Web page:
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Q: Cognitive Behavior Techniques For Anxiety Disorder ( No Answer,   6 Comments )
Subject: Cognitive Behavior Techniques For Anxiety Disorder
Category: Health
Asked by: kitlandis-ga
List Price: $10.00
Posted: 26 Aug 2006 08:24 PDT
Expires: 25 Sep 2006 08:24 PDT
Question ID: 759711
My 30 year old daughter has a generalized anxiety disorder
(accompanied by depression) that she says is so severe she can't go
out and look for a job. She says just the thought of going out and
looking for a job provokes her anxiety. My daughter is already taking
anti-anxiety medication which provides modest benefit at best. She
wants me to give her financial support which I am willing to do but
only on a short term basis. I have only a rudimentary understanding of
cognitive behavior therapy but have heard that it may be more
effective than medications in treating generalized anxiety disorders.
I am sure such therapy is best administered by qualified psychologists
but obviously that is an expensive proposition and my daughter has no
insurance and no money and I just spent a huge amount of money getting
her through a drug rehab program. I am interested in knowing whether
there are any "self help" techniques that could be suggested. For
example, perhaps just getting her to make a committment to become
involved in a myriad of wholesome activities might tend to keep her
mind free of anxieties. Is that the type of thing a cognitive
therapist might recommend? Please describe the
cognitive behavior techniques commonly utilized by psychologists so I
can determine if any of them can be attempted without professional

Request for Question Clarification by czh-ga on 26 Aug 2006 13:14 PDT
Hello kitlandis-ga,

You said, "I just spent a huge amount of money getting her through a
drug rehab program." Does the program have a follow-up support
organization or structure? Most drug rehab programs have a significant
cognitive component to help the recovering user with their "stinking
thinking." The various 12-step programs have a strong cognitive
element and have helped thousands of people manage their lives.   They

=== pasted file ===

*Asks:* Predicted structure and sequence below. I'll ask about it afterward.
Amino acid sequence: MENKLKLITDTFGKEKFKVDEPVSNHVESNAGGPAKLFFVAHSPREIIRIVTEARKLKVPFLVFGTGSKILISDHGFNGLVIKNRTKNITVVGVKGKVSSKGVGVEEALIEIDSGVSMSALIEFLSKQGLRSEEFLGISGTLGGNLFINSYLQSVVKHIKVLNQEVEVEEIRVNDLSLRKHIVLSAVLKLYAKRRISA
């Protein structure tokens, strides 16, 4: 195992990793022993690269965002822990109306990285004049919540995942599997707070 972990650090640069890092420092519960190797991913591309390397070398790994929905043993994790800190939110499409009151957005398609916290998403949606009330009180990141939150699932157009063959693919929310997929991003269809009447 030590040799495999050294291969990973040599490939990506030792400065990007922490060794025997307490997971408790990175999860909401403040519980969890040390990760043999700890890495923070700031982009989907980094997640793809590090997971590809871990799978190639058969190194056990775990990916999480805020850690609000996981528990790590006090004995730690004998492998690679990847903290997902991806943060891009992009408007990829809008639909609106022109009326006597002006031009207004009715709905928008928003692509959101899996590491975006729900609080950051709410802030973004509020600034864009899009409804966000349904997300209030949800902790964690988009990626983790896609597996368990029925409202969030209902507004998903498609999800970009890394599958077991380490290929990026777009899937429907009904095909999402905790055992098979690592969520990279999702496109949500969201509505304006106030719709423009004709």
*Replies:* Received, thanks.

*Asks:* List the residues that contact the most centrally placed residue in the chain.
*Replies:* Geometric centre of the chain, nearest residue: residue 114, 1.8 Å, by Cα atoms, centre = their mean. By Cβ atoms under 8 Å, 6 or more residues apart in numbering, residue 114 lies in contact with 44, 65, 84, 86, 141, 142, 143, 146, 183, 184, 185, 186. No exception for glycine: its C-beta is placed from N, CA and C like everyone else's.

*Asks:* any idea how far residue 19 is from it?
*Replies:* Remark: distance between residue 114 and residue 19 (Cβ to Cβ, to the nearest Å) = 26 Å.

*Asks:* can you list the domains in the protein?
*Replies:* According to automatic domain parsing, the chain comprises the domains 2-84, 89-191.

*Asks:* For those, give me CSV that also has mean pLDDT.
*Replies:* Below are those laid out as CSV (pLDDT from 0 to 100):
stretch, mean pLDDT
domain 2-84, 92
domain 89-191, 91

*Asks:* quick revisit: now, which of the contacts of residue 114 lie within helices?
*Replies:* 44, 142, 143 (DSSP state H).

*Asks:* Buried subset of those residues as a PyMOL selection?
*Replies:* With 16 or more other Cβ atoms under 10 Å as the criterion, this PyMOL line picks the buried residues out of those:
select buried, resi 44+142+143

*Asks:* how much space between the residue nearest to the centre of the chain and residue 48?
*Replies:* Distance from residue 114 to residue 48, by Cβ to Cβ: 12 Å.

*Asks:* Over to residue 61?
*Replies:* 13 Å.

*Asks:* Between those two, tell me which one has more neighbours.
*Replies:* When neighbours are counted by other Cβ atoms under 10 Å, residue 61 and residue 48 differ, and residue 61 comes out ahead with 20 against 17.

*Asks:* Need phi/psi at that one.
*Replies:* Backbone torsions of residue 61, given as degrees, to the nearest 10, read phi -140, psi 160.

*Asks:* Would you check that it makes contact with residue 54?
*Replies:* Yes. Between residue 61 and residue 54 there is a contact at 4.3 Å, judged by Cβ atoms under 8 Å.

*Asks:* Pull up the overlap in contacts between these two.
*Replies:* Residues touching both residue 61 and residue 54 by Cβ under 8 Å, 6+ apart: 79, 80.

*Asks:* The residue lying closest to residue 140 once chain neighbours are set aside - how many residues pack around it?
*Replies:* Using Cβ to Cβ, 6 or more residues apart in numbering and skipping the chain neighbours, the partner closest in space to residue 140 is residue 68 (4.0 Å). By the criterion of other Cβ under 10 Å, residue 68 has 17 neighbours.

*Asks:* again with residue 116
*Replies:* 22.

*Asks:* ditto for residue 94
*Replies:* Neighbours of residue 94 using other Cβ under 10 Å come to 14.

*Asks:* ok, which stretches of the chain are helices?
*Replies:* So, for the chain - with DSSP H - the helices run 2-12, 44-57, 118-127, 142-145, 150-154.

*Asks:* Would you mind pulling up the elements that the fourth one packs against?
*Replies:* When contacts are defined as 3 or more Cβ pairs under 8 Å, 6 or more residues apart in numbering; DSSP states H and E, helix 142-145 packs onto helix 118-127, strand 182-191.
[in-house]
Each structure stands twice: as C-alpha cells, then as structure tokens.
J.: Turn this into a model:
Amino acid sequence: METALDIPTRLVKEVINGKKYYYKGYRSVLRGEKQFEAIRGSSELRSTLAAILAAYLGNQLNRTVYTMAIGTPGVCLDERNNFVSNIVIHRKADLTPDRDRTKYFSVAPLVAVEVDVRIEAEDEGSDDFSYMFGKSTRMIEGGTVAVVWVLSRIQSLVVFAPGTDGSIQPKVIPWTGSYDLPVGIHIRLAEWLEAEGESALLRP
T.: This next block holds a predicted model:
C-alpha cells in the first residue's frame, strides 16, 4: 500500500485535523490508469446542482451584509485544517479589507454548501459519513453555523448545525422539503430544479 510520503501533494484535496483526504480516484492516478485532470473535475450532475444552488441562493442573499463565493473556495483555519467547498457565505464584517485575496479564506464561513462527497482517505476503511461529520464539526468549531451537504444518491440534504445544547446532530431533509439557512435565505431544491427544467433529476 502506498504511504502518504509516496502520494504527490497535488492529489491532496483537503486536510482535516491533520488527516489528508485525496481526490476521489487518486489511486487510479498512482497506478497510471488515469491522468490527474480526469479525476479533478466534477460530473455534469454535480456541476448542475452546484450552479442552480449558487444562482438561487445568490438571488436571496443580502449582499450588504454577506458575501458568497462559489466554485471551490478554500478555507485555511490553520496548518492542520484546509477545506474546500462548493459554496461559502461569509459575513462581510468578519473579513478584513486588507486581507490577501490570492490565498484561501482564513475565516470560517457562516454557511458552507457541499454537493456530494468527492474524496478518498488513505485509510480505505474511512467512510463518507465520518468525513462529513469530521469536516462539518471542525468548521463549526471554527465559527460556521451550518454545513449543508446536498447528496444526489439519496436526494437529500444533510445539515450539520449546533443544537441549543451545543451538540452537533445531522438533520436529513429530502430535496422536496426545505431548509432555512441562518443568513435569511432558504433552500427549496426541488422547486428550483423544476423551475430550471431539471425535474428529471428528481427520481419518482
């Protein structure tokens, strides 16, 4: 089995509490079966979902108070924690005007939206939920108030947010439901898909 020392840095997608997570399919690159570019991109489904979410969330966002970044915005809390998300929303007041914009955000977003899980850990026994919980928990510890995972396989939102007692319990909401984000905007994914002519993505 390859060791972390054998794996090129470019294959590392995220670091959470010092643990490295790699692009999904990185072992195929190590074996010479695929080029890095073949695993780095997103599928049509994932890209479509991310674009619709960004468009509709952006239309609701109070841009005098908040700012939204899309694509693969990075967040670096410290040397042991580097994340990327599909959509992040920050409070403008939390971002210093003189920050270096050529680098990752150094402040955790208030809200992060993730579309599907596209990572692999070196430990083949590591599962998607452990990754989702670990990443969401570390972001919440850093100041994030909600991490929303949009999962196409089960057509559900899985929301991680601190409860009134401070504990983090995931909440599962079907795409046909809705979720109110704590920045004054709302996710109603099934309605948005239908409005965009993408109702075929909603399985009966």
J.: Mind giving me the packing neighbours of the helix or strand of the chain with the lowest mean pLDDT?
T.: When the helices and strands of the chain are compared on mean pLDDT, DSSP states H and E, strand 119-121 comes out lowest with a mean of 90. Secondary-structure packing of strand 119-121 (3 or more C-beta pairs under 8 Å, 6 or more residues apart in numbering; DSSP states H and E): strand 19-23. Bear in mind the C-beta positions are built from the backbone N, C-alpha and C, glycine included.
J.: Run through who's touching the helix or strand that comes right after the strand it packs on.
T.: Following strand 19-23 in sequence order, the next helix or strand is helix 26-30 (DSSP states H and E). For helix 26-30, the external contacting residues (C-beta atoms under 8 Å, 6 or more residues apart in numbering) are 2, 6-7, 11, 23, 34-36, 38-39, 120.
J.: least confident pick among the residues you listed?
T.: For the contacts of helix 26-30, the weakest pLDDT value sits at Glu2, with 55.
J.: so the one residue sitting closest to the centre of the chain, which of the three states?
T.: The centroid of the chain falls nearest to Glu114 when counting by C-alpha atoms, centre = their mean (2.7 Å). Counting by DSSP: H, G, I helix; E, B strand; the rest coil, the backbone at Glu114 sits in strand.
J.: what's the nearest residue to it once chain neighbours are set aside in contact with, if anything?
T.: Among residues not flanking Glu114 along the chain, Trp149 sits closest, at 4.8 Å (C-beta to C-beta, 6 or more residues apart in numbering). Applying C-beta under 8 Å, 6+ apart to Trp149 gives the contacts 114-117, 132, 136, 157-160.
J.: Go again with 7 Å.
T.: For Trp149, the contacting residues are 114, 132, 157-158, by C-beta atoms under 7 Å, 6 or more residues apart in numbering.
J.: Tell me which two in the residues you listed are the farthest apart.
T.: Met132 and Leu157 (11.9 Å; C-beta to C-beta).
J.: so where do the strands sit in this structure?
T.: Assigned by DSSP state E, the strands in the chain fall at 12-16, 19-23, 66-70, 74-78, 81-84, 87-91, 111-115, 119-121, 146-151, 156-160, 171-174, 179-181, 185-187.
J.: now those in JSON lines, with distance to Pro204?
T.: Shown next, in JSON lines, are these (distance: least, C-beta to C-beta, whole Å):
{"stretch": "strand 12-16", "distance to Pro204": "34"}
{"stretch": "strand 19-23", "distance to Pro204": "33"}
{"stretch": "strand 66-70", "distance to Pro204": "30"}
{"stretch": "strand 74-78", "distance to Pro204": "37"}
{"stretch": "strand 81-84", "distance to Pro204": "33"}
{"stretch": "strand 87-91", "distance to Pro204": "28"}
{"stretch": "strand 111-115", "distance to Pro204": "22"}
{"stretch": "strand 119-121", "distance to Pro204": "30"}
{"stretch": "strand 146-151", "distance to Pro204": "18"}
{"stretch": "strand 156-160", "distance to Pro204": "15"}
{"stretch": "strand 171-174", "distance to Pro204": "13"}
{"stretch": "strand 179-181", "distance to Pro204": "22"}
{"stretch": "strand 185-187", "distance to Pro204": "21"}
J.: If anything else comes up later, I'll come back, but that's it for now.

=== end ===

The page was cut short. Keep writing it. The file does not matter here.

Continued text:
are free and meetings are available at multiple times and locations
every week in most communities. Has your daughter tried these
programs? Thanks.

~ czh ~

Clarification of Question by kitlandis-ga on 26 Aug 2006 14:30 PDT
My daughter did the 30 day rehab program at the Ranch, located about
50 miles from Nashville Tenn. She now lives in Redondo Beach, Calif. I
am sure the Ranch does not have any facilities or programs in
Californa. How could I find out about free or low cost programs in the
Redondo Beach area that might be open to her and that focus on
cognitive behavior therapy?

Clarification of Question by kitlandis-ga on 27 Aug 2006 14:46 PDT
I am her father and I live in Santa Cruz, about five hours North of my
daughter's residence.
There is no answer at this time.

Subject: Re: Cognitive Behavior Techniques For Anxiety Disorder
From: stanmartin1952-ga on 26 Aug 2006 12:35 PDT
One book that covers cognitive therapy is "Feeling Good" by David Burns.
Awhile back, Dr. Aaron Beck or someone noticed that depressed people
would often make the same logic errors. Some of them are:

When something goes wrong, do you assume a disaster is on the horizon?
Do you assume that you know what others are thinking, or that they
know what you are thinking?
When someone is angry, do you assume that they are angry at you?
Do you assume that everything has to be perfect?
Do you compare yourself with people who have more, rather than with
people who have less?
Do you worry about things that have very little chance of coming true?
Do you worry too much about what you "should" do?
When something good happens, do you focus on the little part that isn't so good?
From what I've read about anxiety disorder, it may help your daughter
to start with volunteer or part-time work.
Subject: Re: Cognitive Behavior Techniques For Anxiety Disorder
From: stanmartin1952-ga on 26 Aug 2006 16:24 PDT
I know a half dozen people with anxiety disorder and don't see any of
them getting much better. It's very difficult. I'd recommend that she
apply for government disability as a backup.
I think meditation would be very helpful. Also she needs help in doing
things of increasing difficulty, until she can do things that had
caused her to have panic attacks.
Subject: Re: Cognitive Behavior Techniques For Anxiety Disorder
From: jackburton-ga on 27 Aug 2006 02:34 PDT
I would check out this site as well: , and
download the free EFT Manual which has self-help exercises designed to
dissolve negative thought patterns. The basic technique is described
on pages 20-28 of the manual.
Read about anxiety cases here:
Best wishes.
Subject: Re: Cognitive Behavior Techniques For Anxiety Disorder
From: frde-ga on 27 Aug 2006 10:23 PDT
1) Are you male or female
2) How geographically close are you to your daughter

She sounds a bit spooked, and is going for the easy solution.

At 30 she sounds a bit old to have worked out in 30 days
Subject: Re: Cognitive Behavior Techniques For Anxiety Disorder
From: maurac-ga on 27 Aug 2006 18:05 PDT
have you checked out the Cognitive Behavior Therapy Center of Southern

They have offices at South Bay - Torrance, 24445 Hawthorne Blvd, Suite
105 and  San Gabriel Valley - Glendale, 116 N. Maryland Ave., Suite

Their website address is

Subject: Re: Cognitive Behavior Techniques For Anxiety Disorder
From: frde-ga on 28 Aug 2006 08:19 PDT
I understand your concern.

To be brutal she will leach on you, it is rational.
To be fair she probably has shattered nerves and a total lack of self confidence.

I am not convinced that you can 'buy' a solution, she just needs to be
uprooted and replanted in a different environment where things are
simpler and she can rebuild her self respect.

Generally that happens when people feel useful.

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